large image

Trusted Reviews is supported by its audience. If you purchase through links on our site, we may earn a commission. Learn more.

iOS 13: Here are the biggest changes Apple will make to your iPhone and iPad

A list of new features scheduled for your Apple mobile devices has emerged, a whole month earlier than we were expecting to get our hands on the details. Here’s what you can expect from iOS 13.

Apple usually showcases the next version of its mobile operating system at WWDC in June, but people apparently “familiar with” the company’s plans have spilled the beans early.

Below are the key software changes destined for the next iteration of iOS, codenamed Yukon (via Bloomberg):

Read more: Best iPhone

All-New Modes and Apps

  • Dark Mode – This black and grey styled interface will be accessible from the Control Center, and should come in handy for two reasons. Firstly, your phone won’t blind you with light when you use it in the dark; secondly, it will save power on the likes of the iPhone X, iPhone XS and iPhone XS Max, which us OLED display technology.
  • New swiping keyboard – This will work similarly to SwiftKey or Gboard, where you can press down with one finger and swipe across the board to spell out words.
  • GreenTorch – This will combine Find my iPhone with Find my Friends, in order to make it easier to find your mislaid Apple mobile devices.
  • Sleep Mode – This will synchronise with the sleeping times inputted into your Clock app to turn on Do Not Disturb, darken the lock screen and mute incoming notifications.

App Updates

  • Health will include monitors for ‘hearing health’ (based on how loud your music is playing), plus more comprehensive menstrual cycle tracking.
  • Reminders will have four default sections (tasks to be done today, all tasks, scheduled tasks, and flagged tasks) laid out in a colour-coded grid.
  • Screen Time will let parents limit who children can or cannot contact at certain times of the day.
  • Apple Books will include a new rewards system to incentivise reading.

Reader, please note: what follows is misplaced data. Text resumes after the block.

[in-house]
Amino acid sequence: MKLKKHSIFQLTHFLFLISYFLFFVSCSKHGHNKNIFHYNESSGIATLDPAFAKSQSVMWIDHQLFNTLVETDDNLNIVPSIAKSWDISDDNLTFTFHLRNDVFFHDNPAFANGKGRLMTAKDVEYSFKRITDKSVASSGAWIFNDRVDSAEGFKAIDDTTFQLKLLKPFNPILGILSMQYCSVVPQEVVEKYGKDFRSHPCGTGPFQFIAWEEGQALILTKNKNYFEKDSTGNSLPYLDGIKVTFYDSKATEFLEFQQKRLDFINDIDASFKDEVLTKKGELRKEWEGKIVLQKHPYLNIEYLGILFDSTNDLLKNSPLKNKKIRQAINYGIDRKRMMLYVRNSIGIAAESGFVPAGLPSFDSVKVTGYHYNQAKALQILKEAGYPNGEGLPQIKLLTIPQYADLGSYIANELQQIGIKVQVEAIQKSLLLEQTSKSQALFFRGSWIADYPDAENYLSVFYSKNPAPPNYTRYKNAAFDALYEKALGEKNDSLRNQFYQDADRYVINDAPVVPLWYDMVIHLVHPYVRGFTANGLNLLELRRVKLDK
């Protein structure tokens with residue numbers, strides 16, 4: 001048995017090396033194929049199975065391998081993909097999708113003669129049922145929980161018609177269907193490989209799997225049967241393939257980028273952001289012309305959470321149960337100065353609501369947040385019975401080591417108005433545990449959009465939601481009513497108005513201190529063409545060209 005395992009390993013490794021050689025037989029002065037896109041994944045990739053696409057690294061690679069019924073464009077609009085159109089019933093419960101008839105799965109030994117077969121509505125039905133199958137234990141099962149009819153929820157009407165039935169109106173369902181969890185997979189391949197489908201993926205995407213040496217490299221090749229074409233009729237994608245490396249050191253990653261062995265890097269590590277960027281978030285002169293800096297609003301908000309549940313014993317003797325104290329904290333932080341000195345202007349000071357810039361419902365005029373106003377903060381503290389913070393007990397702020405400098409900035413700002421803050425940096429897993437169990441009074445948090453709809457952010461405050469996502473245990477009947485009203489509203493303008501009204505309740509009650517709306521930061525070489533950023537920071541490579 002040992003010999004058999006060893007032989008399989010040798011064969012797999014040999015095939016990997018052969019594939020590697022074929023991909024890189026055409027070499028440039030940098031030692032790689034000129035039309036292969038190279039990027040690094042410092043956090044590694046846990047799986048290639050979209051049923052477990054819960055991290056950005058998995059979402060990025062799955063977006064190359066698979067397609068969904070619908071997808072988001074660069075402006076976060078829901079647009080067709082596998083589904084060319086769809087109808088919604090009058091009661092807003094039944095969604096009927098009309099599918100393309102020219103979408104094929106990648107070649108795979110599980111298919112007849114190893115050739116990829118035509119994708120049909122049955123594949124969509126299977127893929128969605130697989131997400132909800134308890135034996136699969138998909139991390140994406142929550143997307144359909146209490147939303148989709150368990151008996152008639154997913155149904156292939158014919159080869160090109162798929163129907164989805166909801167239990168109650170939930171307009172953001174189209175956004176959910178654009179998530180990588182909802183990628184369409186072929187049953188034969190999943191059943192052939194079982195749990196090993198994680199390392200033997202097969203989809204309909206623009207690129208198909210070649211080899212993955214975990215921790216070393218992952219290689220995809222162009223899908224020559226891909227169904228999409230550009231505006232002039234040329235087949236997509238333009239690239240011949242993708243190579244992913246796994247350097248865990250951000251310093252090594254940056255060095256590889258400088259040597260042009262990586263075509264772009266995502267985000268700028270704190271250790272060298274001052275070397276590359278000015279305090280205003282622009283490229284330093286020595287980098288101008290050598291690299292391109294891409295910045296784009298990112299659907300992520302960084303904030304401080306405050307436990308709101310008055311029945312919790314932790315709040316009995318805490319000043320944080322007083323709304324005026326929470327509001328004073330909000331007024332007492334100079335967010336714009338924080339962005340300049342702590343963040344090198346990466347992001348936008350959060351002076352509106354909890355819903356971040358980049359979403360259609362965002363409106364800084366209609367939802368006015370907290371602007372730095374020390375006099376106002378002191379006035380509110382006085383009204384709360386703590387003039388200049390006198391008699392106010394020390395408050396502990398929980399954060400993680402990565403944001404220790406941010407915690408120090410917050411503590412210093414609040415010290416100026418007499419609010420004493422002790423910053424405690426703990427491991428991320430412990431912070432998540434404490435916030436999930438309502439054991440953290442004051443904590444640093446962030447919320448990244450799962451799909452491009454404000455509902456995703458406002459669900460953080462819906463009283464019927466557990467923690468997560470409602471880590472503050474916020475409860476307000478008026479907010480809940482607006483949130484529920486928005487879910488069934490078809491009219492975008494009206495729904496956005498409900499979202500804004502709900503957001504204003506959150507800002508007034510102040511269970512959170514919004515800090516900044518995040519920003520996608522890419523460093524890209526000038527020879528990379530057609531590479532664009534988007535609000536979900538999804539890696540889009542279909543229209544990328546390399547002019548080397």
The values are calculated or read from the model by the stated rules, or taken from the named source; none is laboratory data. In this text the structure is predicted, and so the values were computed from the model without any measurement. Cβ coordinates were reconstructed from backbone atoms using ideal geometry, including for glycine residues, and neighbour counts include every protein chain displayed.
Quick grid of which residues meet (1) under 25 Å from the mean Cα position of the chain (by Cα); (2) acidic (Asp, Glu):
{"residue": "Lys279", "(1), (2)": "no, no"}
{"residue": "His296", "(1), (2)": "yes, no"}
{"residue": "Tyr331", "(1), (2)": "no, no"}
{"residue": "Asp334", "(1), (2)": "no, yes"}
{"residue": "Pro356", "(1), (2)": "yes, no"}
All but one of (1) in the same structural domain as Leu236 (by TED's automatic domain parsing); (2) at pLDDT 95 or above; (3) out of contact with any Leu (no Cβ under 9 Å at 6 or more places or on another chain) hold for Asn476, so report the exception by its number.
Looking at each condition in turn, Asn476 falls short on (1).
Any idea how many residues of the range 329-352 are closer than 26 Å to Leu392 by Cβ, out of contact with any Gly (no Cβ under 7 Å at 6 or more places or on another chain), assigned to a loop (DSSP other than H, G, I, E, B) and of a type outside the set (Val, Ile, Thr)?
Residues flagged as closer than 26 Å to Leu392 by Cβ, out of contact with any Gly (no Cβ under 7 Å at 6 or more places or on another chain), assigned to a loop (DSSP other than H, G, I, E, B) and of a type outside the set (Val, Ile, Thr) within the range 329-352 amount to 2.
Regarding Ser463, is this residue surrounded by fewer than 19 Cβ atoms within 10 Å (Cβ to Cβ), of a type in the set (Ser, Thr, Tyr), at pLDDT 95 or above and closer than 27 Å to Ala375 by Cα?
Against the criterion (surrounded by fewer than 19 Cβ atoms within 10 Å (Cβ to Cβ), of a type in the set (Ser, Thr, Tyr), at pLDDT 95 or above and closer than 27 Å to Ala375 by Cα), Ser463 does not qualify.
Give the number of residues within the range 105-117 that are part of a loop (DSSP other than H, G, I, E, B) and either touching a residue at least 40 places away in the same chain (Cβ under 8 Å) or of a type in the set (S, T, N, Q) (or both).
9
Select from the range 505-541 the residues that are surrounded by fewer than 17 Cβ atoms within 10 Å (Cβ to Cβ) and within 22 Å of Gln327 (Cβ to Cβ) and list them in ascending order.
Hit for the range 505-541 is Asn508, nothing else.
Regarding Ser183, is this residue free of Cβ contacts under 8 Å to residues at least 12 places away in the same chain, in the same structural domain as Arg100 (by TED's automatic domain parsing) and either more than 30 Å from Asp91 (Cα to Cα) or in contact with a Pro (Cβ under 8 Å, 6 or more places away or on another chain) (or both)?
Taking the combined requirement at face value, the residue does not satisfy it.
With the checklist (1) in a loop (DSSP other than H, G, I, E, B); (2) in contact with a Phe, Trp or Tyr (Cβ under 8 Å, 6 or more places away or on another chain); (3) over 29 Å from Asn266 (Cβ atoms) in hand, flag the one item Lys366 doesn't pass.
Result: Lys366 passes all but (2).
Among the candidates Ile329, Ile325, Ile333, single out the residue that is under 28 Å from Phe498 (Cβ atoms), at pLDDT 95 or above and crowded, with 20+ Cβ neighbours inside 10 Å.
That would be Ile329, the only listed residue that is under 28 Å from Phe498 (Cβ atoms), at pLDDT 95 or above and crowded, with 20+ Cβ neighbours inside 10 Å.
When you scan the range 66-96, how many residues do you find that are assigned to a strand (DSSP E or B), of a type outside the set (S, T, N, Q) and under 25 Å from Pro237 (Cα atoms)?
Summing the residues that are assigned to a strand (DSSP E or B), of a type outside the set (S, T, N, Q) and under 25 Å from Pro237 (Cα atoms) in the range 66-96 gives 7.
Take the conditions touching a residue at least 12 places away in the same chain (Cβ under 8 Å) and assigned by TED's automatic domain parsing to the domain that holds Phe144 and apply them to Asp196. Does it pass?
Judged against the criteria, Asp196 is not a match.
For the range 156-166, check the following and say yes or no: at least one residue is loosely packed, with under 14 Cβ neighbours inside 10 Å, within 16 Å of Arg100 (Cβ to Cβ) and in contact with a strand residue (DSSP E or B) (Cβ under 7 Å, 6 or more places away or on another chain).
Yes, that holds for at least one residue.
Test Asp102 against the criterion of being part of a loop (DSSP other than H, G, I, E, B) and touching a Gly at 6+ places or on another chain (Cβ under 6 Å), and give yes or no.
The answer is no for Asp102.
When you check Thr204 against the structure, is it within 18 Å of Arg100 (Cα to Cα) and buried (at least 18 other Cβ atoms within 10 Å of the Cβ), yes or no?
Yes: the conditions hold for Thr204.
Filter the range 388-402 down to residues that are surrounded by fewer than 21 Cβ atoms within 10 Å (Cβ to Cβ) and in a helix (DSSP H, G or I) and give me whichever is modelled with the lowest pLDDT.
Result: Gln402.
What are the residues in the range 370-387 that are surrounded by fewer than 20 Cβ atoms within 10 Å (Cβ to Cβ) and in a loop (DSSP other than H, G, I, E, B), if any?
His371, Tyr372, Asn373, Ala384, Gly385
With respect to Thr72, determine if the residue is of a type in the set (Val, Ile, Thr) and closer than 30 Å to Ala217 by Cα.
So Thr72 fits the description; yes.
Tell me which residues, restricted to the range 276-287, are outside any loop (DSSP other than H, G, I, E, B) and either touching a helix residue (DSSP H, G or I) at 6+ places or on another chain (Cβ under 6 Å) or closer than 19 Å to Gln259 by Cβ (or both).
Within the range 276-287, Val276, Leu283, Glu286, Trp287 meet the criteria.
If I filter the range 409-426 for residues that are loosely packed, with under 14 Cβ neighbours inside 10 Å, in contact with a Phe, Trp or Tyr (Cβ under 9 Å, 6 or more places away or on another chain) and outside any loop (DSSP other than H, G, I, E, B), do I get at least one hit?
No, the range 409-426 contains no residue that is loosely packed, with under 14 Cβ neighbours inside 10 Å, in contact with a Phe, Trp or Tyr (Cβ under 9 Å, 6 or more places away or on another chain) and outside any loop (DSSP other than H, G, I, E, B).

• Maps will be easier to set frequent locations (e.g. home or work) and navigate there. Users will be able to create grouped frequent places with a photo of their choice.
  • Safari will allow downloads to be accessible from a single place (similar to a computer).
  • Mail will allow you to mute individual email threads and block incoming emails from selected contacts.
  • iMessage will let you set your profile picture and display name, and permit certain users to see it. There will also be a new menu in the conversation view to send Animojis and Memojis.

Improved Connectivity

  • The ability to use your iPad as a second Mac screen, compatible with Apple Pencil and able to receive Mac notifications.
  • HomePod speaker will respond to different users’ voices.
  • Hearing aid support will be better integrated and will feature more Accessibility settings.
  • Upgraded Home app will support integration with security cameras and will allow you to view previous recordings.

Related: Best smartphones

Additionally, we’ve learned that the next next iOS update is codenamed Azul, and will support 5G and additional AR functionality. This suggests that we can expect the first 5G iPhone in 2020.

Are you looking forward to anything in particular in iOS 13? Let us know on Twitter @TrustedReviews.

Why trust our journalism?

Founded in 2004, Trusted Reviews exists to give our readers thorough, unbiased and independent advice on what to buy.

Today, we have millions of users a month from around the world, and assess more than 1,000 products a year.

author icon

Editorial independence

Editorial independence means being able to give an unbiased verdict about a product or company, with the avoidance of conflicts of interest. To ensure this is possible, every member of the editorial staff follows a clear code of conduct.

author icon

Professional conduct

We also expect our journalists to follow clear ethical standards in their work. Our staff members must strive for honesty and accuracy in everything they do. We follow the IPSO Editors’ code of practice to underpin these standards.